I sat in to see this movie with mixed feelings. I was pretty bored by the first movie, and I wasn't sure if I would be more entertained by the second. In the end, it was okay.

Unlike the first movie, which had an interesting beginning, boring middle, and more exciting ending, this movie had a steady pace. While I wasn't at the edge of my seat, it was interesting enough to not cause me to start creating dishes for my other blog in my head. However, it wasn't exciting enough to actually make me feel.

In the review of the previous movie I had a few questions. Now let's see if they were answered.
  • What is the wall for? - We sort of get an answer.
  • What is the rest of the world like, and why isn't anyone trying to find out? - We sort of get an answer for the first part, but not the second. It still doesn't make sense to me why people just take at face value that the world beyond the wall is terrible. On some of the shots there were clearly forests beyond the wall as well. There are always people in every group that see the horizon and just want to find out what is beyond it. Yet in 200 years apparently no one like that was born there.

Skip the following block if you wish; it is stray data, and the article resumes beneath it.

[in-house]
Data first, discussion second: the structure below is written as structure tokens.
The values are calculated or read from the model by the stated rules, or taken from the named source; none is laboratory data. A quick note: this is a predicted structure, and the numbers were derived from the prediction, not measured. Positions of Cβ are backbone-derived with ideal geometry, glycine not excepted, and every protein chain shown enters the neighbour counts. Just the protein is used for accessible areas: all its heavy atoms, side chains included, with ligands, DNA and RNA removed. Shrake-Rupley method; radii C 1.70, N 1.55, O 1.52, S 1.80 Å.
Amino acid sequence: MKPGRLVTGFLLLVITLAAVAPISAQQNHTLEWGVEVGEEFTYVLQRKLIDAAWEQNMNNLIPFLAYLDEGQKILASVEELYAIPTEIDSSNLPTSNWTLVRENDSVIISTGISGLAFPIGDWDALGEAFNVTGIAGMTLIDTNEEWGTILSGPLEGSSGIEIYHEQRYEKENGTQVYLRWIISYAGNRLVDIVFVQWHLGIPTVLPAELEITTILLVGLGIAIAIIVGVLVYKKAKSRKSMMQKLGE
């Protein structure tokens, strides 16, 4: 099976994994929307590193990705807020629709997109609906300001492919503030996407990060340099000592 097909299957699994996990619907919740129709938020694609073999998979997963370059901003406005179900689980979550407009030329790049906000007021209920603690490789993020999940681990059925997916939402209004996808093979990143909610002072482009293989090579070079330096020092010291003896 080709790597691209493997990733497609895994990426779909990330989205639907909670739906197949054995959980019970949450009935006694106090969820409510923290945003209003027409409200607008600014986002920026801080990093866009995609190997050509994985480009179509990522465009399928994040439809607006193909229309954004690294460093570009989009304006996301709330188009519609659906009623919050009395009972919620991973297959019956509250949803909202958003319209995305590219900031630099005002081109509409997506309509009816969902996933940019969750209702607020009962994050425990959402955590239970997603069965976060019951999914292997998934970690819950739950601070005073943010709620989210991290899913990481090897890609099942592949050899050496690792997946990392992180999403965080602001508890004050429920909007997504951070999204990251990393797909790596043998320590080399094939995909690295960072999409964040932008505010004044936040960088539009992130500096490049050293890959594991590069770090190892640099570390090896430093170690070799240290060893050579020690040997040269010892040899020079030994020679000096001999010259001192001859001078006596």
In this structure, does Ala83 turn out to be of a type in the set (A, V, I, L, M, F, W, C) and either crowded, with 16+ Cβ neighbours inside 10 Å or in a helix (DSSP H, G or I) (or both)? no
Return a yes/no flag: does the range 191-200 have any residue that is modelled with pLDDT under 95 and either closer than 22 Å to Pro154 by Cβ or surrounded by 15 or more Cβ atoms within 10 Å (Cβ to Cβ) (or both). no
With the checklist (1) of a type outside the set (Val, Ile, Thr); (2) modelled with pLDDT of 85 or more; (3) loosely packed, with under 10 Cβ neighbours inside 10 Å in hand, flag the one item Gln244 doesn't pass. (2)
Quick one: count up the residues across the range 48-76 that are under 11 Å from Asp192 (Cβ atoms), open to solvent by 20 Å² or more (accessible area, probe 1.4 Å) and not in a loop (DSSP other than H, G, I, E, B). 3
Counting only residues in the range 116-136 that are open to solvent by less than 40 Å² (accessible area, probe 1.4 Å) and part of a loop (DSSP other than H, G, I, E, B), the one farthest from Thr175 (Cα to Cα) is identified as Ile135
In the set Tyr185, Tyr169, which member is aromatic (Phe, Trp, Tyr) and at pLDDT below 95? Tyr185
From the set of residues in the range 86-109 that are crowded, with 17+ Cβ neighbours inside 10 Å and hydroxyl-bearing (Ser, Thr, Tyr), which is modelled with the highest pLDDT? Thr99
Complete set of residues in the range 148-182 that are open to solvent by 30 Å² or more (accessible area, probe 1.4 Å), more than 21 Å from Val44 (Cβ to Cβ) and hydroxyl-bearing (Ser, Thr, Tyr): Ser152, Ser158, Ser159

• Why are there still so many houses with holes in them? Shouldn't they have been repaired by now or torn down? - In this movie we see some new buildings as well. Now that I know it's been 200 years, I'm still wondering why the old ones aren't torn down or repaired? They would be dangerous. Falling debris all over the place! They could build a skyscraper taller than any other building, but not deal with the old ones? Makes no sense!